It can be hard to get in the zone at work, especially if you’re in an open plan office. It’s doubly tricky to find your flow when you’re constantly interrupted by chatty colleagues. And yet, setting necessary boundaries is easier said than done.
We reached out to experts in a variety of fields for their advice on how to walk the fine line between boundary-positive and coworker-negative. So the next time you find yourself getting more and more work thrown on your plate or dragged into unnecessary meetings, you’ll know how to handle it. Here’s how to get started:
“Firstly, the most important opinion is your boss’. If you are delivering for them, start there. If you have multiple people tugging at your resources, go to your direct supervisor for guidance about what to prioritize. Make sure your boss knows about all the work you’redoing. If that means you have to direct other superiors to go through your supervisor or you have to let them know that you will be running it by your boss, the person suddenly may not ‘need your help’ after all… If you have too much work to do, your boss needs to know about it.”
—Sara Stanizai, licensed marriage and family therapist, owner of Prospect Therapy
“If a coworker bends your ear too frequently or too long, try to let them know in a way that focuses on your objective, not on their derailment of it. Try, for example, ‘These conversations are really great, but I think maybe I need to improve my productivity.’
If someone has a habit of bringing you projects or items to work on which aren’t your responsibility, instead of saying, ‘That’s not my job,’ opt for something gentler, such as, ‘I didn’t plan for this task, so I’m afraid I don’t have any time to allocate to it.’ This not only declines a responsibility which was never meant to be yours, but also sets an inarguable circumstantial barrier: there is no time.”
—Claire Goodwin, legal affairs consultant with Joseph Farzam Law Firm
“If you have a coworker who you feel isn’t respecting your time or schedule, set up a time to talk. A lot of women skirt around conflict and push it under the rug, but the longer you wait to discuss this problem with your colleague, the more aggravated and upset you will be by the issue. If you can meet in person, that’s best, but otherwise, the phone will do. I would recommend against resolving a problem of this nature via email because tone can often be misconstrued.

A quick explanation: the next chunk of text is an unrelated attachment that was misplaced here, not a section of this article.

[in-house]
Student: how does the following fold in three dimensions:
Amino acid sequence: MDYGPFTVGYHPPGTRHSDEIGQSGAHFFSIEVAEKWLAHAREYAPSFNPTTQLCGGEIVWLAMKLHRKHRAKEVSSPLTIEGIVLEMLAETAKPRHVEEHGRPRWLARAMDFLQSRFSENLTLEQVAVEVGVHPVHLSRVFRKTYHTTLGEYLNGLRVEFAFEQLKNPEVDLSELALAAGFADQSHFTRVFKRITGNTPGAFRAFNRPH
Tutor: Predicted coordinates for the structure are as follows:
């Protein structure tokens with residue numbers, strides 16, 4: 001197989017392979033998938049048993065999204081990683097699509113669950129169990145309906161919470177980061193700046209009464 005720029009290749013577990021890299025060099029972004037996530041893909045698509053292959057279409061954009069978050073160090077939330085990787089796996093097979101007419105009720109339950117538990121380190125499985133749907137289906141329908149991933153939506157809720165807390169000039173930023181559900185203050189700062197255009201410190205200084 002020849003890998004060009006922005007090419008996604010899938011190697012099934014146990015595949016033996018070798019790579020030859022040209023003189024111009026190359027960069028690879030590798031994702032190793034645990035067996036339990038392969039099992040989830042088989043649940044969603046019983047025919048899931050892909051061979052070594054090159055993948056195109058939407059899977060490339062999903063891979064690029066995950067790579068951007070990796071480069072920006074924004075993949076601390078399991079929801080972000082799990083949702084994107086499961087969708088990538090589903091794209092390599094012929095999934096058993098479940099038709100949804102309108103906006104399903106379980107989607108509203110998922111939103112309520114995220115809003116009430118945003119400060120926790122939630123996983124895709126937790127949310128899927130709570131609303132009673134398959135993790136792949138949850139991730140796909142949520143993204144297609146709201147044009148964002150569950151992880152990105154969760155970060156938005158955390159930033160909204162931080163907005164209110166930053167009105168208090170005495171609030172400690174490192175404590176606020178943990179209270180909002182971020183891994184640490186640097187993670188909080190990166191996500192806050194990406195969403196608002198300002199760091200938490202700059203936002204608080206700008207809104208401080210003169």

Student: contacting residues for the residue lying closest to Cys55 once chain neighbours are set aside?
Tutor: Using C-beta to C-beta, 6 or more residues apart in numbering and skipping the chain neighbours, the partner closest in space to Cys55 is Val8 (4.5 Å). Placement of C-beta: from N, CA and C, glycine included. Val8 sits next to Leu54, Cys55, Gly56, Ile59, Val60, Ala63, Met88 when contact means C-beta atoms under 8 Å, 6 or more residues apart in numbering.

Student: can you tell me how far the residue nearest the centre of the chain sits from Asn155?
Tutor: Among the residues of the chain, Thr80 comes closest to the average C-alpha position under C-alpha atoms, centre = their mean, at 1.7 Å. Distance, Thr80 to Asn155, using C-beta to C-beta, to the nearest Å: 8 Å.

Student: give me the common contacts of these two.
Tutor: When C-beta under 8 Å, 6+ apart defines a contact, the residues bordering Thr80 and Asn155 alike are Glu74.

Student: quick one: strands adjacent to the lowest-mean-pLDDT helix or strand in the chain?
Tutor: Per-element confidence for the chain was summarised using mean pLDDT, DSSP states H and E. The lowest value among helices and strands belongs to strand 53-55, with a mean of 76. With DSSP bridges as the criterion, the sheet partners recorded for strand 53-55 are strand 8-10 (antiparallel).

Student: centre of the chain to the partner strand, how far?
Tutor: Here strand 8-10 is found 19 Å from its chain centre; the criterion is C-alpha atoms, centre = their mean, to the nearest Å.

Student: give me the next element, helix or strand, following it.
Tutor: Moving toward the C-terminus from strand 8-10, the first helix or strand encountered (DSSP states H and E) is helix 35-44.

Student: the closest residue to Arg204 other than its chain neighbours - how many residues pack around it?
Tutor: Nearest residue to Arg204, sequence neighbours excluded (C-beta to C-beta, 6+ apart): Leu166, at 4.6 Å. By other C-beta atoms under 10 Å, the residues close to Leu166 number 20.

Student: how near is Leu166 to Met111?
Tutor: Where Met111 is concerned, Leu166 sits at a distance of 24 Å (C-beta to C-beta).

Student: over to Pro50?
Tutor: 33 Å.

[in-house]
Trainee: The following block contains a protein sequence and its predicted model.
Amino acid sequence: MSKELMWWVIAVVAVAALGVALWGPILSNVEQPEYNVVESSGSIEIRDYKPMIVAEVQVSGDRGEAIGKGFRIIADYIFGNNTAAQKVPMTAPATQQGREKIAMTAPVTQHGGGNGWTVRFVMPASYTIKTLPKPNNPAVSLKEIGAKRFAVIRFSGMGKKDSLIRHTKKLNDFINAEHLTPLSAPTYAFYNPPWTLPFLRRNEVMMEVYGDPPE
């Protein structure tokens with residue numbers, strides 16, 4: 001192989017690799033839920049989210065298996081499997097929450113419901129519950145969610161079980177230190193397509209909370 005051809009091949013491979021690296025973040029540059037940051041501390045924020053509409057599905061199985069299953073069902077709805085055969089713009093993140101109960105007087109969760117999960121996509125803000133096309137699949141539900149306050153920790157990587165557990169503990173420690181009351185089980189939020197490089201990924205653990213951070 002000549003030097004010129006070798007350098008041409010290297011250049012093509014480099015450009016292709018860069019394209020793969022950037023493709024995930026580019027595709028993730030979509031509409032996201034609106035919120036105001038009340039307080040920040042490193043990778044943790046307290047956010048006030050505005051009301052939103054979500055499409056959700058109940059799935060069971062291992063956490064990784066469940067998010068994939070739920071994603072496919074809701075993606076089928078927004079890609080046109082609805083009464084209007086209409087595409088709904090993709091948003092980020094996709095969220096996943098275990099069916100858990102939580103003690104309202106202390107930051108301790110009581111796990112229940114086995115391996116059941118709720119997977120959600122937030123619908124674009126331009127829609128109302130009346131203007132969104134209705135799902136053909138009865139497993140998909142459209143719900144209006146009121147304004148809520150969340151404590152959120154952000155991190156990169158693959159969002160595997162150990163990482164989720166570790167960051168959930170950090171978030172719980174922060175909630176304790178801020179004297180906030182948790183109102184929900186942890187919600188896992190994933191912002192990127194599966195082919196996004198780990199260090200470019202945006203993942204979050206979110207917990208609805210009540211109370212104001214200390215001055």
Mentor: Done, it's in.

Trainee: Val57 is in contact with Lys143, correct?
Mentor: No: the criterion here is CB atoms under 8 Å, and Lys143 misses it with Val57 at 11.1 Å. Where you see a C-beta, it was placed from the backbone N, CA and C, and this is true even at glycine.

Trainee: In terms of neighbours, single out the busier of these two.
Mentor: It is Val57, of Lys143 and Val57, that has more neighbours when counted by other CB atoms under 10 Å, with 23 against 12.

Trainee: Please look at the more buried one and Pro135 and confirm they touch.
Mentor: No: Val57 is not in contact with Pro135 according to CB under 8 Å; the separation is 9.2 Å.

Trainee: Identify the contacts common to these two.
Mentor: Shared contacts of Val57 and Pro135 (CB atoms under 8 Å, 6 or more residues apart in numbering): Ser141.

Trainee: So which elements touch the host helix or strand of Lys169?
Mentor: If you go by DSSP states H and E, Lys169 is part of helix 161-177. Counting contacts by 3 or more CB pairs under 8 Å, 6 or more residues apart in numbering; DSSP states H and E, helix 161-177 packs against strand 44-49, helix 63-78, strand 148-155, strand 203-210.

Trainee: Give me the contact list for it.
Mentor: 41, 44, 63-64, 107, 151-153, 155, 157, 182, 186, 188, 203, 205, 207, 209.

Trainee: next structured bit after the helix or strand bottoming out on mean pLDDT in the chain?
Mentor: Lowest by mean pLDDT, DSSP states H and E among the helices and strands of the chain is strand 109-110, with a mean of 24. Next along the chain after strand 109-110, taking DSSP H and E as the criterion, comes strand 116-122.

If I was in this scenario I’d say something like:
‘Thanks for taking the time today to meet with me. Time is something I really value and appreciate in order to work as efficiently and effectively as I can. And lately, I feel like there have been a few examples [explain examples] where you could be more respectful of my time. I realize this was likely not your intent, but it’s what I’ve perceived and I wanted to provide you with this feedback because you’re a great colleague and I truly enjoy working with you. I want to set you up for professional success as much as I can, and I hope you’d do the same for me.
Moving forward it would mean the world to me if you could [provide solutions ie. show up for our meetings on time and come prepared; give at least 24 hrs notice if you need to reschedule a meeting; if you have a question, Google it before asking or consider if there a better-suited person to field the inquiry]. This is a two-way street, so I will be sure to better communicate when I can and can’t be reached by . How does this sound?”
—Danielle Mulein, director of marketing at Advancing Women Executives
“Many of my clients know, intellectually, that they should be setting boundaries. They often know what these should be, like: not agreeing to work late every night, not saying ‘yes’ to every request, etc., but they struggle in actually implementing them. To get past this, I believe a person needs to get closer to what these boundaries willgivethem.
To help, I suggest envisioning what these boundaries, when fully executed, will offer. Ask yourself, ‘By saying no to a request that is beyond my work scope, what will I be able to do?’ The answer will be different for every person, but getting clear on what youget from this act will make you more likely to actually do it.”
—Jane Scudder, certified leadership, development, and career coach
“In the past, I’ve implemented a team schedule, which more or less breaks down how team members can compartmentalize their day without being overwhelmed. By having a team schedule, everyone knows what tasks need to be accomplished each day, and can attack them independently.
I’ve found that if a team member is feeling like their time isn’t being respected, this really offers a scapegoat if any conflict should arise. The team member can easily refer back to the team schedule and, if nothing else, say something like, ‘I really have to get this done or DeeAnn is going to be on me.’
From there, of course, the goal is always to keep the lines of communication open so that if any employee does feel like their time has been undervalued, they feel supported enough by management to ask for a sit-down.”
—DeeAnn Sims, founder of SPBX, a creative agency
“How to get co-workers to respect your time? Say ‘no.’ (Not all the time, of course.) Ask about how long tasks will take and if you don’t have the time to help, say ‘no.’ Sometimes you have to say, ‘No, I’m sorry. I have other obligations and don’t have the time. Perhaps there is another way you can get it done.’
Be realistic about how much time things take. You help no one by accepting work you can’t complete at a high quality in the time given. Good problem solving is realistic problem solving.”
—Jennifer Hancock, founder of Humanist Learning Systems
These responses have been edited for length and clarity.